Explanation: It is difficult to see the merit in other persons’ ideas if everybody attempts to speak at the same time. Also, if someone is speaking foolishly, avoid adding to the confusion.

Proverb 34.

Quatti buy chubble, hunjed poun’ cyaan pay farri

Translation: A penny-halfpenny (1 1/2d) buys trouble, one hundred pounds (£100) cannot pay for it.

Explanation: Little blunders can cause us to find ourselves in situations so complex that we cannot extricate ourselves.

Proverb 35.

Lang run, shaat ketch

Translation: Long run, short catch.

Explanation: It may take a long while for you to be caught and punished for wrong-doing, but you will be caught one day.

Proverb 36.

Wan han wash de oda

Translation: One hand washes the other.

Explanation: One good turn deserves another.

Proverb 37.

De more yu luk, de less yu si

Translation:The more you look, the less you will see.

Explanation:It is impossible to know every single detail about any matter. Also, the more you find out, the less you know.

Proverb 38.

No matta how kokkuch junk, im noh waak pass fowl yaad

Translation: No matter how drunk the cockroach becomes, he never makes the mistake of walking past the yard of the fowl.

Explanation: The cockroach is considered to be a delicacy for fowls. In the interest of self-preservation, cockroach is reluctant to go past any area where he may be easily caught by a fowl. For humans, he same should apply, self-preservation being the first law of the of the species.

Proverb 39.

Hag nyam wha im myne gi im fah

Translation: The hog/pig eats whatever its mind gives it for [or wants].

Explanation: To each, his own.

Proverb 40.

Bowl go, packy come

Translation:Bowl goes, calabash comes

Explanation: It was a very common occurrence in traditional Jamaican life, to see covered dishes carrying some delicious meal being borne by a child, and bound for some neighbour’s home. It was also customary, although certainly not mandatory, for the bearer to return with something for the sender, perhaps in a packy (calabash scraped and used as a bowl). Also one good turn deserves another.

Proverb 41.

Wan finga cyaan kill louse

Translation:One finger alone cannot kill lice

Explanation: Co-operation is necessary for projects involving more than one person

Proverb 42.

Yuh pred yuh bed haad, yu haffi liddung pan i’haad

Translation:If you spread your bed hard, you must lie on a hard bed.

Explanation: You must accept responsibility for your actions, and whatever you sow, you will surely reap.

Proverb 43.

No mug no bruk, no cawfee no dash weh

Translation:The mug is not broken, therefore the coffee is not thrown away (or wasted).

Explanation: Even in the most difficult of times, if total devastation has not occurred, one should count his/her blessings. Do not blow simple matters out of proportion.

Proverb 44.

Ebry dawg hab him day, an ebry puss him 4 o’clock

Translation:Every dog has his day, and every cat has his 4 o’clock.

Explanation: We should not behave as if we are better than others, or allow our position in life to blind us to the fact that tremendous opportunities can be given to those persons whom we would least expect to reap these benefits. (“Your day will come.”)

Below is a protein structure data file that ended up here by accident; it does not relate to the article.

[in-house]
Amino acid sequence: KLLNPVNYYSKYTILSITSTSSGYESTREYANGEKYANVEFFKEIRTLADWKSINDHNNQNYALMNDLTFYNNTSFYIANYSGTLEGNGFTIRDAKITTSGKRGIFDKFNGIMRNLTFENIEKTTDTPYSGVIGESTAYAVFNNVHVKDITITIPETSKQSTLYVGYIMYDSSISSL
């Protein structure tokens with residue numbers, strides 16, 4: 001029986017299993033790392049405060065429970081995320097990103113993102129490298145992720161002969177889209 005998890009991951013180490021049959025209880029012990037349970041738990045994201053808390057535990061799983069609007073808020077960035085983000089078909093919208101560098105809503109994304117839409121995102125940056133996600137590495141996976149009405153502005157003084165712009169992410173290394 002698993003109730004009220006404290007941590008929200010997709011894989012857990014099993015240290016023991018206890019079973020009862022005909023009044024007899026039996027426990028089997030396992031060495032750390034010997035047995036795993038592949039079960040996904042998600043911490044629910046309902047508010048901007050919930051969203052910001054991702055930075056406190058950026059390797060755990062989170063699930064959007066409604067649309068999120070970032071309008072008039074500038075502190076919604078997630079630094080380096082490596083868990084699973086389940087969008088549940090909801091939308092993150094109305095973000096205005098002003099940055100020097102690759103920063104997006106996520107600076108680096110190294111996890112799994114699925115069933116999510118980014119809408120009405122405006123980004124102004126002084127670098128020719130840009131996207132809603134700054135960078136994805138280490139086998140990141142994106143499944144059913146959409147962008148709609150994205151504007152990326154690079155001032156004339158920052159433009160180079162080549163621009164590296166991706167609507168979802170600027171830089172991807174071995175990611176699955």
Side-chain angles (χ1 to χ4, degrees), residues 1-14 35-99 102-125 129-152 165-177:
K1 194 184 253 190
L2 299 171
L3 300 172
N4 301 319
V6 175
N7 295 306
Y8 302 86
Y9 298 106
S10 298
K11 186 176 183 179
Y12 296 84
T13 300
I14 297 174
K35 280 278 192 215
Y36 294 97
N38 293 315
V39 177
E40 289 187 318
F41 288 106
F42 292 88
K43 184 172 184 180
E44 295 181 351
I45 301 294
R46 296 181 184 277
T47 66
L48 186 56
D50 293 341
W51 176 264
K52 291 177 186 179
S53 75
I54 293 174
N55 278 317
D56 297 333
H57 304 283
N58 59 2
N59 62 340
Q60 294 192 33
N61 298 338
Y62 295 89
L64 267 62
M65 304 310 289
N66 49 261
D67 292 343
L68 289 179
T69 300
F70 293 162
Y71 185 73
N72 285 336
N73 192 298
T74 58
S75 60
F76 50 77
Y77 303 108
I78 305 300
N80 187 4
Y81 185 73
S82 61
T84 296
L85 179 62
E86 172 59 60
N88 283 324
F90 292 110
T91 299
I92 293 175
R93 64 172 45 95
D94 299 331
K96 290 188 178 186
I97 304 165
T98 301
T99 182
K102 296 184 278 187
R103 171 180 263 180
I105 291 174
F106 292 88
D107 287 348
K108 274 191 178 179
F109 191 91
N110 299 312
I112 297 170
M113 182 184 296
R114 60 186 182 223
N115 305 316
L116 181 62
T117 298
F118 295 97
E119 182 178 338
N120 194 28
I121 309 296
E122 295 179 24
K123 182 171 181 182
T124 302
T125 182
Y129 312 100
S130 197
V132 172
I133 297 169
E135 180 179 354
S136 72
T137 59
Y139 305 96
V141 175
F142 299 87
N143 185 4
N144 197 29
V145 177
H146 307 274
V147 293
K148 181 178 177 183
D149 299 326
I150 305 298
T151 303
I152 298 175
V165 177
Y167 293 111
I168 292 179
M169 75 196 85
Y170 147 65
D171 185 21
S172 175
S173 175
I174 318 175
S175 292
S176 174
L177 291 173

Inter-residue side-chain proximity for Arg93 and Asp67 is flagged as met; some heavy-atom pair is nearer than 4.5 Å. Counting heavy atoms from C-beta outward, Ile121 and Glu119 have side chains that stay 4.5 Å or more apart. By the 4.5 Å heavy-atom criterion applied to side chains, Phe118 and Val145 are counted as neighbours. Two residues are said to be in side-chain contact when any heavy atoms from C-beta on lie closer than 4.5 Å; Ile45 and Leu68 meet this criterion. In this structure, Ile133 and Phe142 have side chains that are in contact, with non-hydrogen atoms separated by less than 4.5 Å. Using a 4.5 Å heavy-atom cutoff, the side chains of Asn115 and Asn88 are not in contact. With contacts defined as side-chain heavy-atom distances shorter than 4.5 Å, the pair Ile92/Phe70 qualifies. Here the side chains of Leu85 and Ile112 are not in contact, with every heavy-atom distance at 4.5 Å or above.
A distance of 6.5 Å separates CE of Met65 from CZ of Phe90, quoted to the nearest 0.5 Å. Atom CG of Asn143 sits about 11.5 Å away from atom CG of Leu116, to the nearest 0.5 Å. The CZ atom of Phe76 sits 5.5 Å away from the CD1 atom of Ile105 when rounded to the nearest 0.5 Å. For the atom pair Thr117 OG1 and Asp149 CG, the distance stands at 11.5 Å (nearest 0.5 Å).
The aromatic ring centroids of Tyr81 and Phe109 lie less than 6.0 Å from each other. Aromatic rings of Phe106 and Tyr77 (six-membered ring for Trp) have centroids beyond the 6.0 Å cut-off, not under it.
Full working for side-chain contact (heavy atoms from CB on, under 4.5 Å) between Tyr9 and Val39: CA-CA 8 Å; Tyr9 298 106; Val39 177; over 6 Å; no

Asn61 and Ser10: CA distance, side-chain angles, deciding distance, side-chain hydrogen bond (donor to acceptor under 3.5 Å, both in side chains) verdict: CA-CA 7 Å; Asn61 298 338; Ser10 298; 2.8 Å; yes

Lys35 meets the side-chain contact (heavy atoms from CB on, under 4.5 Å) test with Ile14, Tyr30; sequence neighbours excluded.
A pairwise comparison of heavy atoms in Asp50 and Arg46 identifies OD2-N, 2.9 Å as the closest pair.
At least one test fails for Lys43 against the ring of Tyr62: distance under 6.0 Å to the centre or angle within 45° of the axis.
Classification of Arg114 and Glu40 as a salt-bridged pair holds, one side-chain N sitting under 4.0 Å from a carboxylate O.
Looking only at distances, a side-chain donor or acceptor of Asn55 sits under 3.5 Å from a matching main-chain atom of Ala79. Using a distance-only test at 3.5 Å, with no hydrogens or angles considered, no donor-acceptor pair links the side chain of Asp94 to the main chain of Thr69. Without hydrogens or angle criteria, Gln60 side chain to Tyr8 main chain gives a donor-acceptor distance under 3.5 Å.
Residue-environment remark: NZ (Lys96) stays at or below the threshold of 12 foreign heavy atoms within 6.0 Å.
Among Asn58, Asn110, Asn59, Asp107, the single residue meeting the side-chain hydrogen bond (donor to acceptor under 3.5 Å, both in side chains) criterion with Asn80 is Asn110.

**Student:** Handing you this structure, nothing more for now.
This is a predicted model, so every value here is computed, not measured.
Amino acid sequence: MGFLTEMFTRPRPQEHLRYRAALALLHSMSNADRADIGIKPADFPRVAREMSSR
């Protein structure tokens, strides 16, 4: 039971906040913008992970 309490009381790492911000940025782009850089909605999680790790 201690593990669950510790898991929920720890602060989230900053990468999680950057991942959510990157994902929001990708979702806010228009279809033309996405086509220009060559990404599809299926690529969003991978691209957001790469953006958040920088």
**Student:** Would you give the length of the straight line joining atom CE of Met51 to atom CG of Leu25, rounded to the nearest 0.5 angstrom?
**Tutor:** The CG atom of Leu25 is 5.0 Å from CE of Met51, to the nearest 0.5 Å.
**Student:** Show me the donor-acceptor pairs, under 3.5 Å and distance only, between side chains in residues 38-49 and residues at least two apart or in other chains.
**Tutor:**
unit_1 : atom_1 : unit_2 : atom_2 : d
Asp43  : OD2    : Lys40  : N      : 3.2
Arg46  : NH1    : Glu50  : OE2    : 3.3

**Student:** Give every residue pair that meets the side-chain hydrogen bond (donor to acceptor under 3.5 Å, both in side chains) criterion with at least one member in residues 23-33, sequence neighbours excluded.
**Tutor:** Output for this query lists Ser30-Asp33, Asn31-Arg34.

Proverb 45.

Wen mawga plantin wan’ fi dead, ‘im shoot

Translation: When a meagre plantain wants to die, it shoots.

Explanation: After a plantain tree shoots and bears a bunch of familiar fruit, it has ended its useful life, and dies thereafter. When we are no longer concerned about the safety of our persons, the preservation of our good character of job or family, then we are to apt to behave stupidly.

Proverb 46.

Wen coco ripe, im mus buss

Translation:When the cocoa (cacao) ripens, it bursts.

Explanation: It is easy to identify the intentions of an individual by his/her actions..

Proverb 47.

Wen man belly full, im bruck pat

Translation:When a man’s belly is filled, he breaks the pot.

Explanation: When man is satisfied, he often forgets what hunger or need is, and will be indifferent to the sources of his repast or succour, until he again finds himself in need.

Proverb 48.

Good frien’ betta dan packet money

Translation:A good friend is better than money in the pocket.

Explanation: No matter how valuable our material possessions may be to us, a good friend, especially in times of trouble, is always proven to be of more more worth. We should treasure our friends, not only recognising them when we are in need.

Proverb 49.

Bifoe gud food pwile, meck belly bus

Translation:Before allowing good food to spoil, allow the belly to burst.

Explanation:Taken literally, this proverb could see the demise of many persons who are unable to control their appetite. The moral behind this old saying, however, is that one should make every good use of life’s opportunities; also, never waste or discard today that which you or someone else may be able to use tomorrow.

Proverb 50.

Tu much ratta nebba dig gud hole

Translation:Too many rats never dug a good hole.

Explanation: A good job/project/activity could be spoilt if there are too many individuals attempting to carry out the same task. Ideally, work should be delegated, and one should avoid frustrating those who can really do the work, by gently re-deploying those who are time-wasters.